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Home Industry Newsbeat found in breach of two Ofcom broadcast rules

Newsbeat found in breach of two Ofcom broadcast rules

by RadioToday UK
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Newsbeat has been found in breach of two Ofcom broadcast rules after broadcasting a news item about an individual who is fighting in Syria for ISIS.
The lunchtime edition of the BBC Radio 1 show on 13th June 2014, included clips from a third party podcast of Abu Sumayyah who appeared to endorse the extreme violent activities of ISIS, describing them as “actually quite fun”. Abu Sumayyah also likened armed combat with ISIS as being “better” than playing a violent video game, ‘Call of Duty’.
One complainant suggested that this interview had “glorified terrorism by likening killing innocent people to playing” a computer game.
Ofcom said there was no context or warning provided around the first statement by Abu Sumayyah included during the opening headlines to the programme: “It’s actually quite fun, better than, how you would say what’s that game called, ‘Call of Duty’? It’s like that, but really, you know, 3-D, you know. You can see everything’s happening in front of you, you know, it’s real, you know what I mean?”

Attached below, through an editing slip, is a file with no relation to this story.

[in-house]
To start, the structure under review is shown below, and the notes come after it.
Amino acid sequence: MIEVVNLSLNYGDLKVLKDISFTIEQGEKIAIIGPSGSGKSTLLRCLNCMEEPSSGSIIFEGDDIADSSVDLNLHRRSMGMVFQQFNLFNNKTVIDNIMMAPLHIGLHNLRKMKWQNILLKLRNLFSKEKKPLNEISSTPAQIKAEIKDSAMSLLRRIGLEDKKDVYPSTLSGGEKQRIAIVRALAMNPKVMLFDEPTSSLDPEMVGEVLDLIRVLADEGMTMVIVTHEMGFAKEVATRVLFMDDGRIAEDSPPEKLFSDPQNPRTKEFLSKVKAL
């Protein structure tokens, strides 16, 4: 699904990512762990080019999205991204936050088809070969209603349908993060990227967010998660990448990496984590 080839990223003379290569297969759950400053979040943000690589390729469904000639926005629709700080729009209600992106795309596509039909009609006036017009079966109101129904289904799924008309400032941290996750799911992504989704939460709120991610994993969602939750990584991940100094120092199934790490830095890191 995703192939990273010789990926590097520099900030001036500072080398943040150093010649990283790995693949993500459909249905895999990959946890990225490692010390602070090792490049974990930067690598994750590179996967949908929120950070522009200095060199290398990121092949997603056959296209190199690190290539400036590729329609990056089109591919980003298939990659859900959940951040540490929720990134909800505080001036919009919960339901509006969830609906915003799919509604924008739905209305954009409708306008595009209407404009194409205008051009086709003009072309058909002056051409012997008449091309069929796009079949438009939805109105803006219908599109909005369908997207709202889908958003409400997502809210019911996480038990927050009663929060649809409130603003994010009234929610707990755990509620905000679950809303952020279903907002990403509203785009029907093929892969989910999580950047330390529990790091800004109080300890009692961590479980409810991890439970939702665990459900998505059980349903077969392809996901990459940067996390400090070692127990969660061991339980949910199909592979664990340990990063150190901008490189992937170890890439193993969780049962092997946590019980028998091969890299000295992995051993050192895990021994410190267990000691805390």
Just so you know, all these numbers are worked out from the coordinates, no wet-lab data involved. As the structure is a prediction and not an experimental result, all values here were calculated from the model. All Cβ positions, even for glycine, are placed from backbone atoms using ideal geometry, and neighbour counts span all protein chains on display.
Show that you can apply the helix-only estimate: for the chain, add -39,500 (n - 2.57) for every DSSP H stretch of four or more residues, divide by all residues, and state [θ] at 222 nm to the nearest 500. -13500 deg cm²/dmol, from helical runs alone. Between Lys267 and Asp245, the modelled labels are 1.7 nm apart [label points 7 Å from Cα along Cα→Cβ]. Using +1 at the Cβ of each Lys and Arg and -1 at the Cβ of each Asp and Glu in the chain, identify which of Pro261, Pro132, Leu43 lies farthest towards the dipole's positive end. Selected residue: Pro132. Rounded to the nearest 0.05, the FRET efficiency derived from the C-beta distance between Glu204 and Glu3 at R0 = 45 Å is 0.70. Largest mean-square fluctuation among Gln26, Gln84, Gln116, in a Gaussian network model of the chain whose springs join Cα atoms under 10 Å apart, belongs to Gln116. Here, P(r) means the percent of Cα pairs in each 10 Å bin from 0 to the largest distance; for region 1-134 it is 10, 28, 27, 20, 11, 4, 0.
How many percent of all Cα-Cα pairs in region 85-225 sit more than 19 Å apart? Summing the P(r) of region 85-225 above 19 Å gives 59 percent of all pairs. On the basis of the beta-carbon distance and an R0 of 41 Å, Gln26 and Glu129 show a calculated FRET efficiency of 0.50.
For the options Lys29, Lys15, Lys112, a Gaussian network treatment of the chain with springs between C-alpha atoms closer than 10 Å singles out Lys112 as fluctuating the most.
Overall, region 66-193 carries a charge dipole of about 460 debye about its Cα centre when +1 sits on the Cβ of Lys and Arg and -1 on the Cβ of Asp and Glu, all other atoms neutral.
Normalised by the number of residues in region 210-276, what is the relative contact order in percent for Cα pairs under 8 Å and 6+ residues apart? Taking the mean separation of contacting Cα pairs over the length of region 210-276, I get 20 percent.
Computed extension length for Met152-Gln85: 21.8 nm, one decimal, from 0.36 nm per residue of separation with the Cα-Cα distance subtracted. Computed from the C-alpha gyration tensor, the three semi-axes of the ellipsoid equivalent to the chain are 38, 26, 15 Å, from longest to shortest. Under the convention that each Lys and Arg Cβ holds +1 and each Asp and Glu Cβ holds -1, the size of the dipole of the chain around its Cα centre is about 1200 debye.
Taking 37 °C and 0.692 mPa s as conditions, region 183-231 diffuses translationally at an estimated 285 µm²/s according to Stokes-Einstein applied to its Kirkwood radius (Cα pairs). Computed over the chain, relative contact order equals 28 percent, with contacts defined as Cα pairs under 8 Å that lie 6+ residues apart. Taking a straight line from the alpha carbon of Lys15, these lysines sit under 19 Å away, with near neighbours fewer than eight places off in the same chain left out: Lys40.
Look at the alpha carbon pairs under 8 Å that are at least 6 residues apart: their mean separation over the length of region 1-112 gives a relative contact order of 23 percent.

The regulator also noted that the main news item featuring Abu Sumayyah was included in this programme immediately following a much more light-hearted item concerning the football World Cup in Brazil. “In our view, the content of this preceding news item would not have prepared listeners for the content and tone of the following news item featuring Abu Sumayyah,” Ofcom said.
Ofcom listened to the audio and said the news item was not appropriately scheduled. It agreed with the BBC who said, in response, it should have been accompanied by more contextual information, and, with hindsight, it should have been preceded by a warning. “We considered that this statement by Abu Sumayyah, an ISIS fighter, originally from the UK, had clear potential for causing offence,” Ofcom said.
The BBC said that more explanation could have been given about the way that this interview had been obtained, and that the interview had been conducted for a non-BBC podcast…could have been made clearer. The BBC added that Newsbeat: “routinely gives warnings on air about such material and it was an oversight not to have done so on this occasion.”
The BBC also said that this news item was also part of “a major running story for Newsbeat” and in June 2014 alone Radio 1 had broadcast “18 stories about ISIS in its bulletins or programmes”
Ofcom said that both the headline and the main news item were capable of causing a significant degree of offence and although some context was provided, there wasn’t enough background contextual information on the issue of ISIS and jihadism generally.
“None of the contextual information challenged or rebutted specifically the positive and personal description that Abu Sumayyah provided in the report of his experiences fighting as a member of ISIS in Syria,” Ofcom said.
The regulator continued: “There was not any content that could be described as specifically contradicting Abu Sumayyah’s overall positive assessment of being a member of ISIS, nor was there any comment from the reporter pointing out that Abu Sumayyah’s experience was that of just one individual and therefore it might not be at all typical.”